An improved GP7200 arrives at MTU Aero Engines in Munich for endurance testing.

2_GP7000_Einschaufeln

Integration of fan blades before testing.

2_GP7000_Einschaufeln

Integration of fan blades before testing.

500,000 flights and counting

Since the A380’s launch customer, Singapore Airlines, opted for the Trent 900 from competitor Rolls-Royce, the GP7200 had to get in line behind the British engine for certification (December 2004) and commissioning (October 2007). The GP7200 completed its first ground test run in March 2004, and in December that same year, flight tests got under way on the left wing of a GE-owned Boeing 747-100. Around a year later, shortly before the end of 2005, the new engine received certifi­cation from the U.S. Federal Aviation Authority (FAA) and on August 25, 2006, the first mega-Airbus powered by GP7200 engines took off. The time for the GP7200 to prove itself in practice came on August 1, 2008. That was when Emirates, by far the most important customer for the world’s largest com­mercial airliner, carried out the first commercial A380 flight from Dubai to New York. The A380 and the GP7200 proved to be a winning combination: since this engine entered service, over 99.9 percent of the around half a million flights it has powered have taken off on time. The Engine Alliance calculates that, by choosing the GP7200 over its British competitor, airlines could save as much as one million dollars per operational aircraft per year.

Airbus A380 during take-off.

Airbus A380 during take-off.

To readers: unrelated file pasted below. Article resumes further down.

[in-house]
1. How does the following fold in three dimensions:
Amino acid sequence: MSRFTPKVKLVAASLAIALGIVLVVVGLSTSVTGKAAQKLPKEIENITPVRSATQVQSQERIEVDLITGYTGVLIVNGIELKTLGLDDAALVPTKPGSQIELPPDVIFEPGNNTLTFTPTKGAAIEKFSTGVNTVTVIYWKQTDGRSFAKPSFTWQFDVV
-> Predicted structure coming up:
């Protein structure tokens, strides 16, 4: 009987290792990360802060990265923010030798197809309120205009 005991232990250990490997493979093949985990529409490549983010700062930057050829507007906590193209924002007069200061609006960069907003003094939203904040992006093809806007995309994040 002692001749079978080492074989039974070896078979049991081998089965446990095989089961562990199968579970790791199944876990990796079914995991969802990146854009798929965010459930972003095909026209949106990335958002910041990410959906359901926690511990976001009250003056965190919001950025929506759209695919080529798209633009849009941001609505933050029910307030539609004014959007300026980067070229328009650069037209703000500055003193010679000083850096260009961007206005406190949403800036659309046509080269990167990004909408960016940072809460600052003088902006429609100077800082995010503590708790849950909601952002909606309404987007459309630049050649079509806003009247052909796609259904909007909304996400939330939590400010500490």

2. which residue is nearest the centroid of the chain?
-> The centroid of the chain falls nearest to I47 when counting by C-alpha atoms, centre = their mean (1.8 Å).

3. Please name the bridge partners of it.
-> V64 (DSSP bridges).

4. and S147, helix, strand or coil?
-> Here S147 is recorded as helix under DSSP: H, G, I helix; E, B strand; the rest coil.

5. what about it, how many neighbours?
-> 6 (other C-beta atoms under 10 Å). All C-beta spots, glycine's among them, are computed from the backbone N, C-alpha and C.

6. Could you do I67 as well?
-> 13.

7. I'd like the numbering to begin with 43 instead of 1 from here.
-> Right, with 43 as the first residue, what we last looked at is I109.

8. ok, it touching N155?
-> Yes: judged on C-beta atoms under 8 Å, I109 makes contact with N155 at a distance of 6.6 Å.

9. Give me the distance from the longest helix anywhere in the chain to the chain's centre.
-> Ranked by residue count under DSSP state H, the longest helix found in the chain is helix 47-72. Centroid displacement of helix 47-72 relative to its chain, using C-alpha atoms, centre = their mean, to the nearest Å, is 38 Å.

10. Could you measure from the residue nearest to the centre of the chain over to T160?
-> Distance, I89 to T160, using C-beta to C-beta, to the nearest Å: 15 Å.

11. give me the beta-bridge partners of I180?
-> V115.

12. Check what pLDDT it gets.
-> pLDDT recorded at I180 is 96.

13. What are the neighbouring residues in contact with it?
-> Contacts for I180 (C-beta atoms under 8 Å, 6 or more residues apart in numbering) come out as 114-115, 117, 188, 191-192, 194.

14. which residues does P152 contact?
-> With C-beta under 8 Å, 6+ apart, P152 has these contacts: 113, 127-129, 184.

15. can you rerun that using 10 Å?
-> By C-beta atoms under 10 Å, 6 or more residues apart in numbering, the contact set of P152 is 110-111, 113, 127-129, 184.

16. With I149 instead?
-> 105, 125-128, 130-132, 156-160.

Airbus A380 during take-off.

Further improvements

To help maintain this edge, the company works con­tinu­ously to improve its products. An upgrade to the high-pressure turbines that was announced in summer 2014 has already been installed in 50 new engines and is available for retro­fitting. The new equipment raises the exhaust gas temperature (EGT) margin by up to 10°C and perform­ance by around half a percent. A new kind of control unit software that is currently undergoing endurance testing at MTU Aero Engines in Munich was designed to lower metal temperatures in the high-pressure turbine by 40°C and reduce fuel consumption during ascent by one percent.

While the Engine Alliance can be satisfied with its engine’s performance, its sales figures are a different story. At present, demand for quad-jet wide­body aircraft—a category that includes the Boeing 747-8 as well as the A380—leaves something to be desired. Never­theless, Wolfgang Hiereth, Director GE Programs at MTU Aero Engines, remains convinced that getting involved with the GP7000 program was the right move. First, he is not inclined to give up on this particular market, and is confident that Airbus will continue to find buyers for the A380. And second, the GP7200 helped open the door for MTU to get involved in the next generation of GE wide­body engines—the contract to develop and manufacture the GP7200’s turbine center frame led to work on the GEnx (787, 747-8) and the GE9X (Boeing 777-8X and -9X). And of course MTU Maintenance also benefits from contracts and from the expertise it gains from main­taining wide­body engines.